If you’re familiar with feature flags, then you already know they have a ton of benefits for stakeholders all across your product delivery organization. We’re not going to cover all of that in this post. Instead, we’re going to look at a common hiccup some teams have when adopting feature flags, as well as how Harness Feature Flags was built to solve this problem. If you are new to Feature Flags, we do recommend reading our introduction to feature flags.
So, what’s this common problem we’re discussing? People who are worried about your application’s performance and security, of course. Always getting in the way! And for good measure, of course. Feature flags run in your code, they can be seen as a serious dependency, and even a risk. As such, from the moment we started building Feature Flags here at Harness, we took that seriously. We aimed for zero impact, zero upstream dependency, and zero risk to your application.
Why Are Some People Concerned About Feature Flags?
So, why can feature flags be seen as risky? A few reasons:
- They run in your code.
- They have to communicate to an external service to get configuration changes.
- The user experience depends on flags resolving.
- They can handle important data.
These are serious concerns that shouldn’t be downplayed, so let’s take a look at how we address them.
Architecting for Resiliency
The way that Harness Feature Flags work is pretty simple:
- You install either a client or a server SDK in your application.
- You create flags in Harness.
- The rules you set for the flags are communicated to the SDK via either pushing or pulling events.
- The SDKs cache the rule sets to avoid constant communication with Harness.
The first thing folks want to know is what happens if Harness goes down? Will my application fail to resolve? It’s important to know that when instantiating a flag in your code, you provide a default value in the code (see our docs on your specific SDK’s language to see how).
This default value is always present, so if the SDK can’t reach Harness and also has no cache, the SDK will still have an answer on what to evaluate. This means that Harness is never an upstream dependency for your application.
The next common question this workflow brings up is around performance. What is the impact of all the communication back and forth with Harness? Surely there is some lag there that can impact my application performance.
The good news is that because of the local SDK caches, the only communication to Harness comes when flag rules are updated. These server-sent events take only hundreds of milliseconds, and beyond that, you will have no latency caused by feature flag evaluation.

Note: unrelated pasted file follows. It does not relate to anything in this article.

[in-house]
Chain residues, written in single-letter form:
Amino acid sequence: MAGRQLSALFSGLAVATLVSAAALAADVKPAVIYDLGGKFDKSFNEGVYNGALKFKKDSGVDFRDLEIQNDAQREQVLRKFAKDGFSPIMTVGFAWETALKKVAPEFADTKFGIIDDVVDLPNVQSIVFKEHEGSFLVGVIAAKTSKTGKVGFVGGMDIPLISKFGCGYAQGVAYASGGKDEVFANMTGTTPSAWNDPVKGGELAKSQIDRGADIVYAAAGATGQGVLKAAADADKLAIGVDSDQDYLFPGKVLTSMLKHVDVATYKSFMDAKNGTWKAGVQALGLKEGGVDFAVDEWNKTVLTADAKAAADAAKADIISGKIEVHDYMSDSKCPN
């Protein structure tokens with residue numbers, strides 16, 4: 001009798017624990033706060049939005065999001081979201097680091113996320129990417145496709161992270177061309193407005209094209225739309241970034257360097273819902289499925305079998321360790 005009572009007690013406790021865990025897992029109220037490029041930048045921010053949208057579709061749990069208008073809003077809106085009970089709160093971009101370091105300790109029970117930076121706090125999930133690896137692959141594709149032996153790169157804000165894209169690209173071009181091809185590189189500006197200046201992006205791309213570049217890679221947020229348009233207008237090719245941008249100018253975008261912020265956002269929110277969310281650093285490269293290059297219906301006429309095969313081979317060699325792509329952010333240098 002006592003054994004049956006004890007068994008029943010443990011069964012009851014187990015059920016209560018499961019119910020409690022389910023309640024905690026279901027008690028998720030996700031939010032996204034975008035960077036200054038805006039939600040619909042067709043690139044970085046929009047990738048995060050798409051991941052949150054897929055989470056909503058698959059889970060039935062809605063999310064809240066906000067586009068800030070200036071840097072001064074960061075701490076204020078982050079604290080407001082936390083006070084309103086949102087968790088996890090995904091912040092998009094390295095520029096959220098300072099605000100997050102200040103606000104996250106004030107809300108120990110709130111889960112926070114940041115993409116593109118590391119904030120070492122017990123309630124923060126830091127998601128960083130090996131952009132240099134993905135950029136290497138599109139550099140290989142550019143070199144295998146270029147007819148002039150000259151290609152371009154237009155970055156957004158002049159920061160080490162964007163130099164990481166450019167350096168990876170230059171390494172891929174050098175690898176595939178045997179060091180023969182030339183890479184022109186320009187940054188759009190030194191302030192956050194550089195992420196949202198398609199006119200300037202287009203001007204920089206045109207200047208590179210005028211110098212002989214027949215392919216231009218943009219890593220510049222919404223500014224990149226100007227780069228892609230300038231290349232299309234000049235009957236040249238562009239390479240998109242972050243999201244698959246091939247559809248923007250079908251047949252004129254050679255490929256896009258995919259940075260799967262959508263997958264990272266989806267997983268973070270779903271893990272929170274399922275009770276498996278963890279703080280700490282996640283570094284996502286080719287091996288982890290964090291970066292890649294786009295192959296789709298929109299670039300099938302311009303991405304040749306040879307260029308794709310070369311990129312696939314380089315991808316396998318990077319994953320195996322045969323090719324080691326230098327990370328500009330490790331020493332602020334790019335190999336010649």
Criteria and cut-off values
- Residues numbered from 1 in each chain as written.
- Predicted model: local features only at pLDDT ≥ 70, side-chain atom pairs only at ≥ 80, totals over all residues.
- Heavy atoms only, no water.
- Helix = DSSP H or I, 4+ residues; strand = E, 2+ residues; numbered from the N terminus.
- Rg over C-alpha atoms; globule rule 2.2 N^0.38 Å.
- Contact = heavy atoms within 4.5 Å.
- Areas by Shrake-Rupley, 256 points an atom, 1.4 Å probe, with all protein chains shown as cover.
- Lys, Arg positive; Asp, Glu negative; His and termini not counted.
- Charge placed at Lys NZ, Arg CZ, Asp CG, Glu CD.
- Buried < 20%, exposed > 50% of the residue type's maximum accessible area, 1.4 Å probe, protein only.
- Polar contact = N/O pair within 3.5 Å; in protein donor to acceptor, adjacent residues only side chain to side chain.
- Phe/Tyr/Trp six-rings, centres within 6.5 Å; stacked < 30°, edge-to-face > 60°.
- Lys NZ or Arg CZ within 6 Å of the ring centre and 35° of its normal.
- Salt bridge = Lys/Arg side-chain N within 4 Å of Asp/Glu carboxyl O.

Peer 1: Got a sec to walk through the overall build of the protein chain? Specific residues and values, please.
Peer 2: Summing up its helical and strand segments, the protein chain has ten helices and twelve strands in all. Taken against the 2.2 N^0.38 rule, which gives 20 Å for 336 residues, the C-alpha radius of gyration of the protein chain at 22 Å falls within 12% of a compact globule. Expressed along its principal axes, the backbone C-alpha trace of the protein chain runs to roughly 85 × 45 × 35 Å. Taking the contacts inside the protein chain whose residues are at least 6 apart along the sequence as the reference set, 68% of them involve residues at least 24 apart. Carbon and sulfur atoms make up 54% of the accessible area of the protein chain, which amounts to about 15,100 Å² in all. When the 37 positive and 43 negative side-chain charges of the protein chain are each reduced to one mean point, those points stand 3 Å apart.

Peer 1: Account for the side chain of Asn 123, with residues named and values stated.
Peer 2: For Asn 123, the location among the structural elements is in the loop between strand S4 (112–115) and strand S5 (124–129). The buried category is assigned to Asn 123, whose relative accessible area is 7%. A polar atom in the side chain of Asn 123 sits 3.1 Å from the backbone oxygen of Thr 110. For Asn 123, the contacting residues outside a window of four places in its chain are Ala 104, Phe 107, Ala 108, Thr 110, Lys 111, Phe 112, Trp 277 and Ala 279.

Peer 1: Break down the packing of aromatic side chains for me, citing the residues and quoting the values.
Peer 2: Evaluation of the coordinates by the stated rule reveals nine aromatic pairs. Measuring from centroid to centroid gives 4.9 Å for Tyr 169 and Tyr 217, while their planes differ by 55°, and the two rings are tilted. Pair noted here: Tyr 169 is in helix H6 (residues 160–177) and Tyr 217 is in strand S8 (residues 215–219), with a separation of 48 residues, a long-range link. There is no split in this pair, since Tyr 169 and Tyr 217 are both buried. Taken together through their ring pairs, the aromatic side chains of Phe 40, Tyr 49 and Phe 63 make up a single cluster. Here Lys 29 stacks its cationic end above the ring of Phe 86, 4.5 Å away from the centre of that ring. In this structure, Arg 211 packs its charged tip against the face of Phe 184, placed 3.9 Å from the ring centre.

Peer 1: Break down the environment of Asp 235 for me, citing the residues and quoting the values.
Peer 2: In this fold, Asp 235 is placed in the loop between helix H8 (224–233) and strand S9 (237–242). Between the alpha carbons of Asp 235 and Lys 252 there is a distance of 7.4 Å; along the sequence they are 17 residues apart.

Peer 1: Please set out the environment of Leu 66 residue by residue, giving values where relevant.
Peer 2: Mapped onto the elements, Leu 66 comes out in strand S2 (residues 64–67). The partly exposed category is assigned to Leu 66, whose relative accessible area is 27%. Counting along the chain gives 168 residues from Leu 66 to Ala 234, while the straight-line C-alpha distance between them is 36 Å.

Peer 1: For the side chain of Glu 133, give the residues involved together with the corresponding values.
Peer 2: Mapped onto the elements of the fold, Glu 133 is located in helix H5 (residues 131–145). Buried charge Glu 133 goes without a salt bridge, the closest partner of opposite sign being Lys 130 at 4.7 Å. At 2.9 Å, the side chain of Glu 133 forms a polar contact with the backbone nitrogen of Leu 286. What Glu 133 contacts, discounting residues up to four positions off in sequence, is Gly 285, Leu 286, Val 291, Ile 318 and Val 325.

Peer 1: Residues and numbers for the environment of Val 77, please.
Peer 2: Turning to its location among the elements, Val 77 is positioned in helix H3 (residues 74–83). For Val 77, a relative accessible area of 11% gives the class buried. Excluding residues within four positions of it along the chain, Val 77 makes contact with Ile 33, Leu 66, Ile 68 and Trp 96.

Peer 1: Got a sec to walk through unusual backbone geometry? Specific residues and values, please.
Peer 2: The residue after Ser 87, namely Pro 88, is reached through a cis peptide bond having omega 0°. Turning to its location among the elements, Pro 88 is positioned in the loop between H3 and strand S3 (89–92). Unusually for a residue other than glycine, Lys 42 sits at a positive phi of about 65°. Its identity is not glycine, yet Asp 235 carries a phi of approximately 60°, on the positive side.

The result is an application architecture that you can trust to never degrade, slow down, or be a potential availability dependency for your application. You can learn more in our Feature Flag docs.
Architecting for Privacy
That covers resilience, but another common ask is around security. Since the SDKs are running in your application and rely on information you send to target your flags, how safe is your application’s information?
The way Harness Feature Flags work is:
- You send custom attributes to Harness when you instantiate the SDKs. These are things like emails, locations, plans – anything you want to evaluate flags against.
- In Harness, you then build rules against these attributes, such as “turn a flag on for all users in Texas” if “State” is an attribute you are sending us.
Because of this design, it’s important to note that Harness never has access to any information that you don’t give us. If you don’t want us to know it, we don’t. The Harness SDKs do not collect or communicate back to Harness any information that you do not explicitly pass into the SDK. We strongly suggest masking sensitive information with an abstraction on your side to keep all PII out of Harness.
At the end of the day, trust is one of the most important things when evaluating a vendor for tools like Feature Flags and CI/CD. We understand the importance of making a secure and compliant product. We built Harness Feature Flags to minimize what you need to trust, deferring to privacy and resilience as a default in all cases.